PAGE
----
Detmers would be the second player behind Kelley I’d like to see the White Sox draft. Scouts have talked about his professionalism on and off the field, and he’s a pretty damn good pitcher too. He can hit low- to mid-90s with his fastball, but his curveball is his best pitch.

Detmers may not have the most powerful fastball, but he knows how to control a game on the mound like former White Sox southpaw Mark Buehrle. Detmers is from Nokomis, Illinois, and could find himself back in his home state if he falls to the White Sox at 11th overall.


Patrick Bailey, C – North Carolina State

Bailey has been mocked the most to the White Sox in the past month. With Zack Collins still a question mark behind the plate and not much other catching depth in the minors, this selection would make sense. Many believe Bailey is the best backstop in the draft and the White Sox look like an obvious choice. Bailey is a switch-hitter with raw power from both sides and average contact.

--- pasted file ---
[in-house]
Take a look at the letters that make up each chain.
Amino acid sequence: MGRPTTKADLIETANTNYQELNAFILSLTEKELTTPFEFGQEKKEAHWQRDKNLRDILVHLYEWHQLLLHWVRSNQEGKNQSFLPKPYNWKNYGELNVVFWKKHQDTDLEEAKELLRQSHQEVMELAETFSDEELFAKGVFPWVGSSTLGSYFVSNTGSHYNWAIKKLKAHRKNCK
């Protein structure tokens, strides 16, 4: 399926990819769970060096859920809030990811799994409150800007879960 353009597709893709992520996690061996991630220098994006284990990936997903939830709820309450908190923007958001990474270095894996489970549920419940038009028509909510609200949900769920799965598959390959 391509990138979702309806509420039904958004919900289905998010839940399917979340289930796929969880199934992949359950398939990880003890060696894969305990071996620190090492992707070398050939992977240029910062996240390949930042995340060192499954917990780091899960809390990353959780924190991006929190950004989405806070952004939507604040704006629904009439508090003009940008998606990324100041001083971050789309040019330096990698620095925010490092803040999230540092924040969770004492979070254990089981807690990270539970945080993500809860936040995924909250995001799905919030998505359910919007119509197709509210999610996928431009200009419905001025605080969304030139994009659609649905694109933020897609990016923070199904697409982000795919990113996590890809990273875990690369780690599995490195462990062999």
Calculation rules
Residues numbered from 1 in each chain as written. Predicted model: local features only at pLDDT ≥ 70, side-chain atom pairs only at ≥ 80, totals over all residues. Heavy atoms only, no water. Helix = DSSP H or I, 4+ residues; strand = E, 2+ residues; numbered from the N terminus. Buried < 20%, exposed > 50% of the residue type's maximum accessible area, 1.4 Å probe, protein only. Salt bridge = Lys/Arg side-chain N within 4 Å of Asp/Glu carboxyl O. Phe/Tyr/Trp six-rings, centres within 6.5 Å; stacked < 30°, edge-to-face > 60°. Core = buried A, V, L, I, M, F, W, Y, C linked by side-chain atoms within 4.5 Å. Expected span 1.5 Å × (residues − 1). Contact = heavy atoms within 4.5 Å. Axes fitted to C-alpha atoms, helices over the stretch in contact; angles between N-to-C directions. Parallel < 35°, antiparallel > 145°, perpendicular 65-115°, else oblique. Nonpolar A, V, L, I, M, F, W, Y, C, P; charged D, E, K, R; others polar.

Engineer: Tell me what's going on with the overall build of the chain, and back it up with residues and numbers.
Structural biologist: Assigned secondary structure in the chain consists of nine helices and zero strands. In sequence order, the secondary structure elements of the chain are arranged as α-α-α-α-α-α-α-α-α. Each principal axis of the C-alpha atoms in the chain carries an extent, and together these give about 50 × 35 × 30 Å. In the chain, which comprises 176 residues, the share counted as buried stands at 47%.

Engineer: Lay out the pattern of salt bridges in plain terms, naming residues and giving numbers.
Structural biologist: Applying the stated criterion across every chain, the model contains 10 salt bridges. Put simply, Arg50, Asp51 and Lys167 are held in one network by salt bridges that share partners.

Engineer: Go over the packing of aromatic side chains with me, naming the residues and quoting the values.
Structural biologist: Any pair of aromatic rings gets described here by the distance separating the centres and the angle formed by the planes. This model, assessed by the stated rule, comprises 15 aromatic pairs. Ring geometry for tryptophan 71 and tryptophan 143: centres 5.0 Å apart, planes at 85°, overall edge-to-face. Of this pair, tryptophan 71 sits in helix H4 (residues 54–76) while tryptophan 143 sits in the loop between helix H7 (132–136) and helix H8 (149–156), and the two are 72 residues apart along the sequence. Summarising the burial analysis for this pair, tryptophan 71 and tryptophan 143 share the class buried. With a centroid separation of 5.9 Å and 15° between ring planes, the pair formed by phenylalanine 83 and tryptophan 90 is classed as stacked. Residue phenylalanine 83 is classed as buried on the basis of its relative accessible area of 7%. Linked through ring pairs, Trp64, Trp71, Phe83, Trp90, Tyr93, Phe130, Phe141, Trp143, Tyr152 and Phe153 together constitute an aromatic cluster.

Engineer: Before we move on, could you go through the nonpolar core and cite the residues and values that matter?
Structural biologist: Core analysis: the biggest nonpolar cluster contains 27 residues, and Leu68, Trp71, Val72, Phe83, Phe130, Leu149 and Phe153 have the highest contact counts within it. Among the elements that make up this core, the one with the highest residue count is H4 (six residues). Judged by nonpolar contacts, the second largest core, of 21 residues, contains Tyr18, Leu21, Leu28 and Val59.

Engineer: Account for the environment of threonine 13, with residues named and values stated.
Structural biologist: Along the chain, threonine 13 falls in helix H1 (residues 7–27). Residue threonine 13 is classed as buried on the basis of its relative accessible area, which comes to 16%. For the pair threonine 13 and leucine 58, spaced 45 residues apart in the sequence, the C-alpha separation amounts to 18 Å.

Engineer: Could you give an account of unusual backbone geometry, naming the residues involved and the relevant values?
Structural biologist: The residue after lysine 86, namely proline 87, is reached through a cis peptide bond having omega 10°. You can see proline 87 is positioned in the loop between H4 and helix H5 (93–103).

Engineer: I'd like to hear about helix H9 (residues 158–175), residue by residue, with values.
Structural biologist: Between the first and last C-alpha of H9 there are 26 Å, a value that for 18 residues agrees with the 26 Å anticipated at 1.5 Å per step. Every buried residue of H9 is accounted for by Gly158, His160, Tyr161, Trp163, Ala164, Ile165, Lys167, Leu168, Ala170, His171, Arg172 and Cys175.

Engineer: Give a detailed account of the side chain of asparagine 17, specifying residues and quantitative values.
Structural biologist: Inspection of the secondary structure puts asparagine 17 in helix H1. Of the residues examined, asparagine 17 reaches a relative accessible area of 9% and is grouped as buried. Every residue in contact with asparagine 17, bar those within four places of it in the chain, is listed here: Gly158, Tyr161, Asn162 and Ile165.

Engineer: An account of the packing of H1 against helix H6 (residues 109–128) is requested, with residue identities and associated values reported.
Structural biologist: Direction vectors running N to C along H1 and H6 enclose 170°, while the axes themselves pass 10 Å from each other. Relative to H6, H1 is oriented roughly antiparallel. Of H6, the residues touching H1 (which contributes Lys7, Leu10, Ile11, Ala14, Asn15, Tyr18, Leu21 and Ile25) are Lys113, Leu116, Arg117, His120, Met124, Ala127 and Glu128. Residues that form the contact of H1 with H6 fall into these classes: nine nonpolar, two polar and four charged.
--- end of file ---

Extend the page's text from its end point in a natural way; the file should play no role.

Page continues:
Bailey is highly regarded behind the plate and scouts have no questions about him sticking there in the majors. Could the combination of good defense and power from both sides of the plate convince the White Sox that Bailey is their catcher of the future? He might be the most realistic pick at number 11 of these seven players.

With no baseball for now, at least we can have a couple of nights of YouTube watching in June when five new players are added to the White Sox organization. Let’s hope whoever the first-round pick is can help build a winning culture on the South Side for years to come.